Wednesday, October 17, 2012

Ten sharp facts about glass


In my middle grade novel The Ice Castle, Daphne's friend Mr. Silica runs a glass factory that plays an important role in the story. As I poked around researching the book, I learned a lot of fascinating tidbits about glass.

1.   The definition of glass is "an amorphous solid," which means a solid with no crystal structure, where the atoms and molecules are arranged more or less at random.

2.  Volcanic glass is created when magma cools suddenly, not allowing crystals to form in the cooling rock.  One common form of volcanic glass is obsidian, black, smooth, and shiny.

3.  Another natural form of glass is found in fulgurites -- glass tunnels made when lightning strikes sand and heats it to its melting point. The Museum of Science in Boston has a fulgurite many feet long.

The sand cast of a fulgurite several inches long
Fulgurite - see the glassy inner surface
4.  The earliest glass was made in Mesopotamia and Egypt in 3500-2500 BCE.  Early glass beads may have been formed accidentally as sand melted in the slag heap of furnaces for purifying metal.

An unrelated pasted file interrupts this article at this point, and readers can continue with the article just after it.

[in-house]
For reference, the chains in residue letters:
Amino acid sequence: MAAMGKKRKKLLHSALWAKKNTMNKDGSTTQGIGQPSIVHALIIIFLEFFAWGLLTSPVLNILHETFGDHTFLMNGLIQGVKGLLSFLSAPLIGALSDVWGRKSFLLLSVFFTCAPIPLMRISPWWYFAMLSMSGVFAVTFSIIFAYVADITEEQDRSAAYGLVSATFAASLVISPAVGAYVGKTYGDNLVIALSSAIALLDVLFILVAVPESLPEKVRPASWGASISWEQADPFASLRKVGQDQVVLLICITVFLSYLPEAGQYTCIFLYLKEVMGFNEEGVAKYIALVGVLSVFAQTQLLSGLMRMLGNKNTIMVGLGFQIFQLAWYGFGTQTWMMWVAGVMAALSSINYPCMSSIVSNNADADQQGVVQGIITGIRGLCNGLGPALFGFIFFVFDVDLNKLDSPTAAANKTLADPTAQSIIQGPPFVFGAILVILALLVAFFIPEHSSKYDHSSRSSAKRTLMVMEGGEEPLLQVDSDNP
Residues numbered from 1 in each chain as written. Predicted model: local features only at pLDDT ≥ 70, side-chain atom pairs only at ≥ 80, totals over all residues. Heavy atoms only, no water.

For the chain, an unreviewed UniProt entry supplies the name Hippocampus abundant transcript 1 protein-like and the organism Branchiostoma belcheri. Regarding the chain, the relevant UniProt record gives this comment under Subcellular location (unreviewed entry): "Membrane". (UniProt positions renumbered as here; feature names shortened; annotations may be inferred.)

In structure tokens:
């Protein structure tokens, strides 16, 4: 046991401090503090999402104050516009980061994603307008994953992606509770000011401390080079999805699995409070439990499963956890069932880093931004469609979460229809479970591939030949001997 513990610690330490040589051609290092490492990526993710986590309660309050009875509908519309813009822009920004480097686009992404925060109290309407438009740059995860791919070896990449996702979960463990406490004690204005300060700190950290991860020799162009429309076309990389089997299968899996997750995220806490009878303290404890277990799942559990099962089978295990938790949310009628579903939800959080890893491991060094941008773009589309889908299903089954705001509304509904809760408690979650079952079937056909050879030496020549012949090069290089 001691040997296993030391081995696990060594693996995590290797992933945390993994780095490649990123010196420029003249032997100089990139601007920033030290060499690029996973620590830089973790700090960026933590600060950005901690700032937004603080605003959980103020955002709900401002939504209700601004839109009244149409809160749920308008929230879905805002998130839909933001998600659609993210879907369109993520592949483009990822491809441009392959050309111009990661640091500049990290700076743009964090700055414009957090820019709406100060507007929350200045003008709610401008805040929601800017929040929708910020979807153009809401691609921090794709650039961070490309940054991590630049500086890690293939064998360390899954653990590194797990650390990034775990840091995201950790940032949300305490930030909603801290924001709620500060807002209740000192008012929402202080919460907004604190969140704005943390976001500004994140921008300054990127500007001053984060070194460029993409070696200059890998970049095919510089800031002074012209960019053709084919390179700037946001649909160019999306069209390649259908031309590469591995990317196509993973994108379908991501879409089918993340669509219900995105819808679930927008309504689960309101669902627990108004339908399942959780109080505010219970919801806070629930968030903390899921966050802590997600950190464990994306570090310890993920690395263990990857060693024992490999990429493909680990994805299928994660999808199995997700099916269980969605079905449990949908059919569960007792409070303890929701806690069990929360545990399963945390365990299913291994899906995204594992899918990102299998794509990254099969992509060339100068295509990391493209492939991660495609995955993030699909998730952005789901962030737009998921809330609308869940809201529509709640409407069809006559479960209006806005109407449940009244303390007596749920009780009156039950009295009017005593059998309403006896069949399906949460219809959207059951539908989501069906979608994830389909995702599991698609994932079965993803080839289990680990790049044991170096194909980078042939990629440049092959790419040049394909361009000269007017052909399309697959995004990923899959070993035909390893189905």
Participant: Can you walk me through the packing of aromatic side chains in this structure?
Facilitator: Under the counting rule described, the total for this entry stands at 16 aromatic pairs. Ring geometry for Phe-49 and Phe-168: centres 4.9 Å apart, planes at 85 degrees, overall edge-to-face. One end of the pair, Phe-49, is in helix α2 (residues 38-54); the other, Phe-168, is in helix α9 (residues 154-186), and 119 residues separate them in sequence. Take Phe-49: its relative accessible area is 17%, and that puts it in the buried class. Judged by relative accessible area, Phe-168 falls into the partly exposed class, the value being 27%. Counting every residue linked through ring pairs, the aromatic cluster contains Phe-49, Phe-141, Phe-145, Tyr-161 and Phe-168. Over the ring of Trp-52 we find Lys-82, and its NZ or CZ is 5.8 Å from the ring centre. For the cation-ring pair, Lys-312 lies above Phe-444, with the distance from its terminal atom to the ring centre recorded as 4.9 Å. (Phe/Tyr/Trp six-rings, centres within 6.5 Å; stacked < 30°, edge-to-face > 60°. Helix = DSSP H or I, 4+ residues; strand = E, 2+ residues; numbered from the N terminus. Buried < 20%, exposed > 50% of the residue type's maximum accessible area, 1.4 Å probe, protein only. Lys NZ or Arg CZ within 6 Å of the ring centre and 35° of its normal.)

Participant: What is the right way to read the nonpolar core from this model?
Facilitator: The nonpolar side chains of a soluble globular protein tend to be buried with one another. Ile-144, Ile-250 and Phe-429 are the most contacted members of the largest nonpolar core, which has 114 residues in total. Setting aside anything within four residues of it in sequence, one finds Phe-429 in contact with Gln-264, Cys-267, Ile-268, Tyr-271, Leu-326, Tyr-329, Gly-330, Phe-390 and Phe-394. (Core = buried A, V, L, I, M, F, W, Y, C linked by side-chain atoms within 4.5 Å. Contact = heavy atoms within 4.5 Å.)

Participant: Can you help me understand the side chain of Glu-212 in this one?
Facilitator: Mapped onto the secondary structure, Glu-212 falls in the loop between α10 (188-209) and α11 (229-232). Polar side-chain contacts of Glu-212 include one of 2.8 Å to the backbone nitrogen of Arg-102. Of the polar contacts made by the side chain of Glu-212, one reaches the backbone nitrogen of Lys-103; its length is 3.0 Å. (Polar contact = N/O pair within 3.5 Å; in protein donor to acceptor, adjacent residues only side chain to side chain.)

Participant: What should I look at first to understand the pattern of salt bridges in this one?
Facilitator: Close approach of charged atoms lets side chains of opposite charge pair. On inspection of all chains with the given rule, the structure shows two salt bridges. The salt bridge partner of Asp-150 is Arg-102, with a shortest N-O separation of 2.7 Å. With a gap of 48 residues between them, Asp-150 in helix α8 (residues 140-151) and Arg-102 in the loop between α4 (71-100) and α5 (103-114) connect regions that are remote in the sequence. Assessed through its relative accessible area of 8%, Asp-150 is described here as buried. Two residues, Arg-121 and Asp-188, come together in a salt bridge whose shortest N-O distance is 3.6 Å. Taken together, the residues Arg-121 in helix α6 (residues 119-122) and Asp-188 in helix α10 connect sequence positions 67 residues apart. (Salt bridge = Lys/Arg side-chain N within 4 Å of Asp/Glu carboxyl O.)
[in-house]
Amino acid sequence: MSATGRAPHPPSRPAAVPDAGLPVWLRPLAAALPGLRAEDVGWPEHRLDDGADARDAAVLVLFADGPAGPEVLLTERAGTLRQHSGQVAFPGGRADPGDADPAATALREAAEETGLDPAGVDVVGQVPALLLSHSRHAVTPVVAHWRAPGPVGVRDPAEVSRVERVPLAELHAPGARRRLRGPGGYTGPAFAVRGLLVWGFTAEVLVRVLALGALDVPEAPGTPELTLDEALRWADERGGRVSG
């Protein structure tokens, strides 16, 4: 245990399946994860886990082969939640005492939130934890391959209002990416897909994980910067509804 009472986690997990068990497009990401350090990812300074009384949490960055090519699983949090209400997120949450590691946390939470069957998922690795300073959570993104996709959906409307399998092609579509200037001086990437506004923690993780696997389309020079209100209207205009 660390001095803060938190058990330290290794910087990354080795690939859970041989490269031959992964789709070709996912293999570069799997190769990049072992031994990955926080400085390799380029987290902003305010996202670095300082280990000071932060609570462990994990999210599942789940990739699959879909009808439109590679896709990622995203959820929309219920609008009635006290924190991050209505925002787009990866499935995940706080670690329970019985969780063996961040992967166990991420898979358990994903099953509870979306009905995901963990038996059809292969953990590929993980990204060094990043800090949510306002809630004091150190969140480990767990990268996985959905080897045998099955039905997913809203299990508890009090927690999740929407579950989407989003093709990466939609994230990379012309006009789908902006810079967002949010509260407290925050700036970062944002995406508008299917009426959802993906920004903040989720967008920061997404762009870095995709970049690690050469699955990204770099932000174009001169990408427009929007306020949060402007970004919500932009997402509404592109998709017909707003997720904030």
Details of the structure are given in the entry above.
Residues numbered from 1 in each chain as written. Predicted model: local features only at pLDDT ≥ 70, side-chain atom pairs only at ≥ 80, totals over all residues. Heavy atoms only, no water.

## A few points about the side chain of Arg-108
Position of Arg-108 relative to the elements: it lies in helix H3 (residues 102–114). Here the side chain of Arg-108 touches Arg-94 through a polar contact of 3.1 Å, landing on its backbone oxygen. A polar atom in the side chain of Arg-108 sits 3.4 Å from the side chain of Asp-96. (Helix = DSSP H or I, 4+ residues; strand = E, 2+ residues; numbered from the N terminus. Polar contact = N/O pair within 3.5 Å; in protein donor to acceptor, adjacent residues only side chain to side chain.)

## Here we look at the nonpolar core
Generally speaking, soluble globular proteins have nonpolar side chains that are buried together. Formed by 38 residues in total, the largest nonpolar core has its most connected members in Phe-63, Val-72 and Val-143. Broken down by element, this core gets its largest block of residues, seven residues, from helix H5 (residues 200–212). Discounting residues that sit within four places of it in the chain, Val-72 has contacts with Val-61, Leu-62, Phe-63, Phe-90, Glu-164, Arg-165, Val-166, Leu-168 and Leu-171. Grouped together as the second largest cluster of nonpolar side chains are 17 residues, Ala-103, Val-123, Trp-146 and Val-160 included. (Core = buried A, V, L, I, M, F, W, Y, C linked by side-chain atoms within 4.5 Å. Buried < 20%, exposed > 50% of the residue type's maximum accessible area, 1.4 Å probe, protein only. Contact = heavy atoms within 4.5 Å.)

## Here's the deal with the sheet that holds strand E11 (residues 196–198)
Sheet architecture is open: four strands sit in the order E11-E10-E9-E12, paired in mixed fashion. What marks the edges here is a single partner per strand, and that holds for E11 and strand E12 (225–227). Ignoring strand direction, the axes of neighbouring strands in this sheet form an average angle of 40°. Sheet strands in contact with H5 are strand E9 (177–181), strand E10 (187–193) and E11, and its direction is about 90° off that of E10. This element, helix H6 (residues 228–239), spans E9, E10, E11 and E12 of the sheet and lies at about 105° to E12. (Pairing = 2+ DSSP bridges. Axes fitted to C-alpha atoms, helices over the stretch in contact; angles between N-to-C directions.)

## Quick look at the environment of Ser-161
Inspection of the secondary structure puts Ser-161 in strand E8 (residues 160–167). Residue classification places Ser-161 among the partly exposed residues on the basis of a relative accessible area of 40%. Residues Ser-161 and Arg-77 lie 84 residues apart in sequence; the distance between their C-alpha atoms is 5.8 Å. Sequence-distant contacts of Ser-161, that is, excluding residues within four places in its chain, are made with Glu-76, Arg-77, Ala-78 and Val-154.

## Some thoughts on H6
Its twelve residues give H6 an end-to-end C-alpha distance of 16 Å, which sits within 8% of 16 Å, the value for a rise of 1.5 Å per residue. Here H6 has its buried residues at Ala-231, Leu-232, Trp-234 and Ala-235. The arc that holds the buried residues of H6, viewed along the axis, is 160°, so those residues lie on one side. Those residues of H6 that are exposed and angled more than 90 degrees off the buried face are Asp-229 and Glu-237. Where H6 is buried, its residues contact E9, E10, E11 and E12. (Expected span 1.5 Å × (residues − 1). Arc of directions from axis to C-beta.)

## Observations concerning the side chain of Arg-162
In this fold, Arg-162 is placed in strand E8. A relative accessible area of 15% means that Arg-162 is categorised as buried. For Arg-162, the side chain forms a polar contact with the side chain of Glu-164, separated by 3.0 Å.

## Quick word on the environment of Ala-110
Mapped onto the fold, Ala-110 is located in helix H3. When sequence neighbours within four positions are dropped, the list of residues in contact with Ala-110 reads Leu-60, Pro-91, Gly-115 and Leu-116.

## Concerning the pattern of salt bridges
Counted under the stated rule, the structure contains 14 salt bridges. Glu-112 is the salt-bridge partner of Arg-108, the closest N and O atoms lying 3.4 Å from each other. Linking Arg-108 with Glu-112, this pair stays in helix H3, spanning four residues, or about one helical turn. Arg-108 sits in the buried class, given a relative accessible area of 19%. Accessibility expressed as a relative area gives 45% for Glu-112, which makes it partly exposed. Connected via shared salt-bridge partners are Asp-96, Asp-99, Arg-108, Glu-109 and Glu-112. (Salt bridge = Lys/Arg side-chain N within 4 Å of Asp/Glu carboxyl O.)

5.  The Romans were probably the first to use glass for windows, around 100 CE.  Glass windows did not become common in ordinary houses in England until about 1500 years later.  Other houses still used animal horn to keep the cold out while allowing entry of some light.

Tinted float glass
6.  The most common form of manufactured glass today, soda lime glass, is made up mostly of silcon oxide, or sand.

7.  To make large flat panes, molten glass used to be poured and allowed to spread on a flat surface, which led to the glass being thicker in the middle.  To address this, glassmakers spun the flat surface, leading to thicker glass around the edges.

8.  Today, flat panes of glass are often made by the "float glass" method, in which molten glass is floated on another liquid surface, such as molten tin.  Gravity smooths and flattens the glass.

9. Manufactured glass can be colored, but it is valued for its transparency.  About 92% of the light that falls on a pane of clear glass passes right through.

10.  "Gorilla Glass," first developed by Corning in the 1960's and perfected for Apple products, is a strong, hard, flexible glass that is difficult to scratch.  Gorilla glass is now used in hundreds of millions of mobile phones, computer displays, and other screens.

Gorilla Glass from Corning

Glass, from skyscraper windows to contact lenses, is an amazing bit of technology that has been part of our lives for millennia and yet continues to improve.  In The Ice Castle, ambitious Itzo Silica worries whether he can improve his technique enough to fill a mysterious order from the Palace of Music...but he won't reveal to anyone what the order is for.

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